A group of four Mechanical Engineering students at the Delft University of Technology (Netherlands) created this project as part of their Mechatronics class in their Second year of Bachelor of Sciences (B.Sc.) Program.
Laurens Valk, one of the creators, explains the essence of Arduino in the project:
“The system uses the Adafruit motor shield to run two stepper motors, and the Sparkfun EasyDriver for the third stepper motor. The Arduino runs code that listens to Matlab commands over USB. We expanded that code a little to make it possible to add the third stepper motor and some other commands. Most of the actual code was programmed in Matlab, with the Arduino as the interface between computer and motors/sensors.”
We had a little chat with Laurens. Here is the excerpt:
I’ve seen a lot of Arduino projects over the years, but this was the first time we used it in a project. Personally, I usually build robots with MINDSTORMS NXT, but this felt like a good opportunity to combine mechanical work (the printer hardware) with real electronics (Arduino).
We chose to come up with our own design challenge and decided not to do the standard exercise. Initially we thought about making a (2D) plotter or scanner. Then quickly we started thinking about the same things, except in 3D. One of the projects that inspired us was the LEGO Milling Machine by Arthur Sacek. Both a scanner and printer would still be doable in 3D, but the time was limited, so we settled with the printer idea.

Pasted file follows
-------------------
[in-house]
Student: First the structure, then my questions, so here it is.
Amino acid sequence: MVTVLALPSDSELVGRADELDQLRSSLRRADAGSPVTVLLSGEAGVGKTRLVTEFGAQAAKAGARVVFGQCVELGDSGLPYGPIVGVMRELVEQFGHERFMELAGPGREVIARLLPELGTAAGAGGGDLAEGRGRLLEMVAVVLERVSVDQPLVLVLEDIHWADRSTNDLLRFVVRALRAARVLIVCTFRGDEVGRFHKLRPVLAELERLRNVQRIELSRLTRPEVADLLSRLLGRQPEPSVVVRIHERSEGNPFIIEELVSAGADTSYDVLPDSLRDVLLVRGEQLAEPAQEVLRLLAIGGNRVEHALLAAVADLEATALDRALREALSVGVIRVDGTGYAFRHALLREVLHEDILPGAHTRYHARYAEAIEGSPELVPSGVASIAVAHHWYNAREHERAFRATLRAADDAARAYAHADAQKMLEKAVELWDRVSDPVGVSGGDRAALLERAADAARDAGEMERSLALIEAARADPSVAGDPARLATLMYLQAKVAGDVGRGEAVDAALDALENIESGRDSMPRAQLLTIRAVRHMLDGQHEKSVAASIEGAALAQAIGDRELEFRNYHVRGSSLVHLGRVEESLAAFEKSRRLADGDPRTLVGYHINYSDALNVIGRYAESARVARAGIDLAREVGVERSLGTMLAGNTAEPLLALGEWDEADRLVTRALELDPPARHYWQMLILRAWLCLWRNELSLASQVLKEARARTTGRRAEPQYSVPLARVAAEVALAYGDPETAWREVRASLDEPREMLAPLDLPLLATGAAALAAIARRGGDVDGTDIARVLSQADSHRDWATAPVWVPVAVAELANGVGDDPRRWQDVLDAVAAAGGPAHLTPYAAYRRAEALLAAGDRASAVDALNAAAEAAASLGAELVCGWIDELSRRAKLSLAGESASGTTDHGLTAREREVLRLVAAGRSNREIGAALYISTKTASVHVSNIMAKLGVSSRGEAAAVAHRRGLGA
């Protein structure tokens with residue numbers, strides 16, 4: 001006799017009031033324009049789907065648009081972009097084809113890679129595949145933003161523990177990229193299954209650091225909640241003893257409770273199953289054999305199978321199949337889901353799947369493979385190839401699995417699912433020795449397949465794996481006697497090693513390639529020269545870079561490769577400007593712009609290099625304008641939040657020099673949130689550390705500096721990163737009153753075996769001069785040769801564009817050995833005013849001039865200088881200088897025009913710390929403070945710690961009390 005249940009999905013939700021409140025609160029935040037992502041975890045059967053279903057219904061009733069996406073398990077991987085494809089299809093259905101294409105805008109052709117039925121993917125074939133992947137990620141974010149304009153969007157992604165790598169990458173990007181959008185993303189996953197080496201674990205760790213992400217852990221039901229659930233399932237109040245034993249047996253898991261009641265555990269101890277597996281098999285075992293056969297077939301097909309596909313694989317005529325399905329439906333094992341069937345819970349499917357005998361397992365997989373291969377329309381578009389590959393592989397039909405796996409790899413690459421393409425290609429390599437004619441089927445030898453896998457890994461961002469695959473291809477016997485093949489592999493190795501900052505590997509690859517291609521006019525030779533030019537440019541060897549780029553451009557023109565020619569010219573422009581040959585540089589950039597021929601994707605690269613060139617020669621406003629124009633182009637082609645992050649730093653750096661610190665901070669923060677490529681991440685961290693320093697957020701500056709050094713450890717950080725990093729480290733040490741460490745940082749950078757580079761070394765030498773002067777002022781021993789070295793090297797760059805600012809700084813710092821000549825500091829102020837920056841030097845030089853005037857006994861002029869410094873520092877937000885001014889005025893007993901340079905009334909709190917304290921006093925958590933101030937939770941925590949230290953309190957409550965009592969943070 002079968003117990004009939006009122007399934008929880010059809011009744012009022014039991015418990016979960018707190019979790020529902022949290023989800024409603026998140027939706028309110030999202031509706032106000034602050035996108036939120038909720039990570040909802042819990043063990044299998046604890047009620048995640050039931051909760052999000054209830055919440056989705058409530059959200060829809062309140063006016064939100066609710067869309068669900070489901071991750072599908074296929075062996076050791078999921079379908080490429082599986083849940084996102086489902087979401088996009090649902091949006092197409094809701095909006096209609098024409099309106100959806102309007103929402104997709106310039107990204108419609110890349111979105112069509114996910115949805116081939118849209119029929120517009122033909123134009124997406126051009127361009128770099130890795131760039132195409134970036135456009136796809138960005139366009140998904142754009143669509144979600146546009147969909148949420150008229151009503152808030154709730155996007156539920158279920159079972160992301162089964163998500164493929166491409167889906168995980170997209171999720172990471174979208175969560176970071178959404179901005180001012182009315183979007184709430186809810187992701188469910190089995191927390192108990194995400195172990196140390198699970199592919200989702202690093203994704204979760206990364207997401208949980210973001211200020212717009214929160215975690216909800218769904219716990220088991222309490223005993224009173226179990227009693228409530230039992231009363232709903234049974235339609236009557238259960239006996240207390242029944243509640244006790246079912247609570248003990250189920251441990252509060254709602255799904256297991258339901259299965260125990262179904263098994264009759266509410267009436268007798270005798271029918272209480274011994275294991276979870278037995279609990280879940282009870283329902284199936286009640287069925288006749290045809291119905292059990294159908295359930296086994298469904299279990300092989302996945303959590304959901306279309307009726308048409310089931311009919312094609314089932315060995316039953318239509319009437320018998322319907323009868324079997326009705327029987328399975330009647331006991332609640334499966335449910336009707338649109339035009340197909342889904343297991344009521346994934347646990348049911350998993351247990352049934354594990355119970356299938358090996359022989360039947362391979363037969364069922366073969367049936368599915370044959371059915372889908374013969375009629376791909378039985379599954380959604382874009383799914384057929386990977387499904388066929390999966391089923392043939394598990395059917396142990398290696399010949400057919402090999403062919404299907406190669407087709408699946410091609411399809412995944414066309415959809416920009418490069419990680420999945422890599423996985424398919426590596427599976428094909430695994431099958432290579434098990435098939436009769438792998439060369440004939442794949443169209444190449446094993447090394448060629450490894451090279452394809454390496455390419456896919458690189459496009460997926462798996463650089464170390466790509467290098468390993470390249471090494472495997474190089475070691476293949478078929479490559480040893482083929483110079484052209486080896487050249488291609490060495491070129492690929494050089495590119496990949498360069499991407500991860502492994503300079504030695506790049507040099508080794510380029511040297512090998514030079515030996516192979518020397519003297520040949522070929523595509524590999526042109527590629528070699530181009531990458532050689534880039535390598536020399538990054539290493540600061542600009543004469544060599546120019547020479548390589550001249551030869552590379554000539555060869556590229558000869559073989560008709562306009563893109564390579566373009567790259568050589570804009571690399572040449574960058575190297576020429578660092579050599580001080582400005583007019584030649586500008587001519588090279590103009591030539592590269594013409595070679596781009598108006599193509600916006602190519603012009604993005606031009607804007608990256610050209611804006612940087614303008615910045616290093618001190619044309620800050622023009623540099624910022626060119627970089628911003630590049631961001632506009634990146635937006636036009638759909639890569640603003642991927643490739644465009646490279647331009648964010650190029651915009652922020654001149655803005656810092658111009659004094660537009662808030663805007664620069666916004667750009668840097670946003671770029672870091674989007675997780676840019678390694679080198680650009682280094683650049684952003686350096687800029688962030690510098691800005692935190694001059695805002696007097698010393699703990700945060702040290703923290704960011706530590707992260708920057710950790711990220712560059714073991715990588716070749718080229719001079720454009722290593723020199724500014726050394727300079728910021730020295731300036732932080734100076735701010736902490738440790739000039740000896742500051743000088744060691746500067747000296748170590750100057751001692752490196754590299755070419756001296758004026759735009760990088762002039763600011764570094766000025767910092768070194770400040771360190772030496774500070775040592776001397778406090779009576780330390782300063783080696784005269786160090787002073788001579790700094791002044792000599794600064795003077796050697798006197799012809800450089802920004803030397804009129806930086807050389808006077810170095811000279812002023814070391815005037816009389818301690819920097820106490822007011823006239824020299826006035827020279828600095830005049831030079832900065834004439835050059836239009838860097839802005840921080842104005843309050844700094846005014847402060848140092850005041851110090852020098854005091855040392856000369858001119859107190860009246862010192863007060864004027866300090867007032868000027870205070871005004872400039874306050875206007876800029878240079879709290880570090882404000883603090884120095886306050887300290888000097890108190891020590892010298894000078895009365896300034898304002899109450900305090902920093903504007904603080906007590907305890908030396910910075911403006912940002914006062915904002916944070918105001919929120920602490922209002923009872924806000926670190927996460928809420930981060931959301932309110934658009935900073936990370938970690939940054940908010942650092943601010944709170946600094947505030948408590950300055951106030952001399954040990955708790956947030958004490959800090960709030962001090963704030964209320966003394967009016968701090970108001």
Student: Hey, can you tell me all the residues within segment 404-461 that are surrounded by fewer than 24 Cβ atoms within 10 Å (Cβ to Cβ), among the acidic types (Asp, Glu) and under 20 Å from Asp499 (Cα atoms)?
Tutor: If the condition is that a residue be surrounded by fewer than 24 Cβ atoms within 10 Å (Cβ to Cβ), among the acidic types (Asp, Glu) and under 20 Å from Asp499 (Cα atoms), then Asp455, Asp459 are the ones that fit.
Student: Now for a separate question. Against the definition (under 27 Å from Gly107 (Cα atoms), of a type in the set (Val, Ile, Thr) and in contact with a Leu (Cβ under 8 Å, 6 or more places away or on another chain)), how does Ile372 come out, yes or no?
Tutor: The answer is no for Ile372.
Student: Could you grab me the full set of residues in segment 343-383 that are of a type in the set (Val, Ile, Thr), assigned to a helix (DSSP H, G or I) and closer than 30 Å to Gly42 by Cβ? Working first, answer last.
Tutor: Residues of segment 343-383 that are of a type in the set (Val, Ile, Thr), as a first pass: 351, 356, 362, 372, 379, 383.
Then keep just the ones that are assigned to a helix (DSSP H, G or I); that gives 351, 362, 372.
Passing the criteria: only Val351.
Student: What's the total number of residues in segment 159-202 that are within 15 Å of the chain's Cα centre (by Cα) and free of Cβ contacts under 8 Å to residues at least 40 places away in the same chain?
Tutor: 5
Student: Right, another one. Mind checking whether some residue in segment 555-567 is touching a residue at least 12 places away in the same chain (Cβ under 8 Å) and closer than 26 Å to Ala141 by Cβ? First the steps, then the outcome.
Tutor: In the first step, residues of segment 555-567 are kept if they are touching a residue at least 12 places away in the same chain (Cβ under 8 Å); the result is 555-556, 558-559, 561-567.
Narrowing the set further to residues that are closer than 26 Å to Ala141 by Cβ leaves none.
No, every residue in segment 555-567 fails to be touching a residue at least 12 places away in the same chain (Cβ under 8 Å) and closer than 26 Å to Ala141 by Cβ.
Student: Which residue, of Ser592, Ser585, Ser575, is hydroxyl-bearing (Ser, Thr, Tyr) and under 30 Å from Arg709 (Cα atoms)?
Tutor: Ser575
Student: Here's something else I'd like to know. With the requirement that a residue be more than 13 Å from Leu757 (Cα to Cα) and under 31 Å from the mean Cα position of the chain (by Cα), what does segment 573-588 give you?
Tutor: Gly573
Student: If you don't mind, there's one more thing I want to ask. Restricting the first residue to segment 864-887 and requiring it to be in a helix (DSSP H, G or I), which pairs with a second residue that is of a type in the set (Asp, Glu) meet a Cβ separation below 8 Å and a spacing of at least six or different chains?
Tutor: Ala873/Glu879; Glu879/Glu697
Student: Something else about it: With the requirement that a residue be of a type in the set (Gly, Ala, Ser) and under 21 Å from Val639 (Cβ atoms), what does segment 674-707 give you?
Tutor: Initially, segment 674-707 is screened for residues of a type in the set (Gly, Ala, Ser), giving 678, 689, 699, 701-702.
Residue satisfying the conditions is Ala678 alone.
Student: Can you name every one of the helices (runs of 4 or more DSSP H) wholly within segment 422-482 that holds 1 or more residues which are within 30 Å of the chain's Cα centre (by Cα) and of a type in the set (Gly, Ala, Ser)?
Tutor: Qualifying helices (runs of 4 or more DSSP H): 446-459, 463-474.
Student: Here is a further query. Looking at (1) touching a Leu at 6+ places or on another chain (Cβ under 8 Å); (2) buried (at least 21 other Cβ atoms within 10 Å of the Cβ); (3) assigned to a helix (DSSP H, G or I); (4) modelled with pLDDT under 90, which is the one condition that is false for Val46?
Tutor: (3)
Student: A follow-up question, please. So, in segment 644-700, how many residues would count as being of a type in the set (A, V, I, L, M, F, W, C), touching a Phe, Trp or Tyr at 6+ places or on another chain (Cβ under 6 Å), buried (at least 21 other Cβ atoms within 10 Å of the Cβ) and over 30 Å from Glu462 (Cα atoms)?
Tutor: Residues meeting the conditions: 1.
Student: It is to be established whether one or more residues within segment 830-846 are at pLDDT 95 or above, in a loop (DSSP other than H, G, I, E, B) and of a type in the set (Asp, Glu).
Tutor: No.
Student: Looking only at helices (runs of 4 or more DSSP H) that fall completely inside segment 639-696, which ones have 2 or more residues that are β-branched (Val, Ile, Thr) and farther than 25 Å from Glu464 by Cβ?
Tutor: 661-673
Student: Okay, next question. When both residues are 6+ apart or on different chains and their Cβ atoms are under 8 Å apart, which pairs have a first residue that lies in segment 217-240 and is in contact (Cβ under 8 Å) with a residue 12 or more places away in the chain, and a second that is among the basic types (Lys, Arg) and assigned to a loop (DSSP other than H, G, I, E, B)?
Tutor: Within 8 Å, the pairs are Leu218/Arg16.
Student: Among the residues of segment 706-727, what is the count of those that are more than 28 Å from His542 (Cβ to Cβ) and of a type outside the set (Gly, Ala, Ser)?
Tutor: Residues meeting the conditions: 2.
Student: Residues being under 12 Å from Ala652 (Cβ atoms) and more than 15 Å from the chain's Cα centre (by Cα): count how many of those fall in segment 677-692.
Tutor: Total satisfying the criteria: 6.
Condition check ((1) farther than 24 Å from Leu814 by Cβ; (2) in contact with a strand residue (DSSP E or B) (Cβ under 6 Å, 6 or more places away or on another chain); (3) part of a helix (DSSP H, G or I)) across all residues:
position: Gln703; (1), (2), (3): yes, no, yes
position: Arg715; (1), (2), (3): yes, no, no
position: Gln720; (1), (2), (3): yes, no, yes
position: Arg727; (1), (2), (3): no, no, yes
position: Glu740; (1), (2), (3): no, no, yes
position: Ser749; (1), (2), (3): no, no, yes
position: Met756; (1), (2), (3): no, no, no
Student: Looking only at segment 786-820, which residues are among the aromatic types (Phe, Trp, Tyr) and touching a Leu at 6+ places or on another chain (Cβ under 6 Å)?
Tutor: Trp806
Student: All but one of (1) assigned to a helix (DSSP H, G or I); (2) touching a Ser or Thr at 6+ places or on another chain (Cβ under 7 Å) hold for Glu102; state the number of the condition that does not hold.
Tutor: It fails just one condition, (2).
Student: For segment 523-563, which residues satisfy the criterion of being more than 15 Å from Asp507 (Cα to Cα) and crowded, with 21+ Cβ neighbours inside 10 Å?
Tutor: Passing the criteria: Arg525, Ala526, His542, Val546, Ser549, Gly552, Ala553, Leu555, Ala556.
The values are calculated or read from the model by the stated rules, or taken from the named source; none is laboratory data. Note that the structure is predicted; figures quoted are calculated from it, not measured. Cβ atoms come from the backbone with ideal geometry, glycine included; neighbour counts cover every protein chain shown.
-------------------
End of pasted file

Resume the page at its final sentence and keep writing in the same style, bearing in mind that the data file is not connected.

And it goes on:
All construction had to be done in one workweek for logistical reasons. To make sure we were able to finish in time, we prepared much of the electronics and software outside the lab. We finished just in time, but unfortunately we could do only one complete print before we had to take it apart. Not surprisingly, it was very exciting to wait for the result of the one and only complete test run. We couldn’t see the result until we used the vacuum cleaner to remove the dust.
“Years” is an artwork created by Bartholomäus Traubeck that translates wood’s year rings into sound. The record player uses a system that analyse tree’s years for their strength, thickness and rate of growth. This data are mapped to a scale defined by the overall appearance of the wood and serves as basis for a generative process that outputs piano music. The system is composed by arduino, ps eye, stepper motor for moving the tonearm, vvvv and ableton live, all connected via midiyoke and/or serial.
For more information: http://traubeck.com/years/
In his blog, Charalampos describes his experience with SeeedStudio’s Grove Ear-clip Heart Rate sensor and Cosm (former Pachube) cloud service. The employed sensor is quite cheap and can detect heart pulses from the ear lobe, by measuring the infra-red light reflected by the tissue and by checking for intensity variations.
By connecting this sensor with an ADK board and, in turn, with an Android smartphone, Charalampos implemented a portable heart-rate tracker, which is used to send the recorded data to Cosm cloud service.
For more information and sample code, see here.
[Via: Building Internet of Things]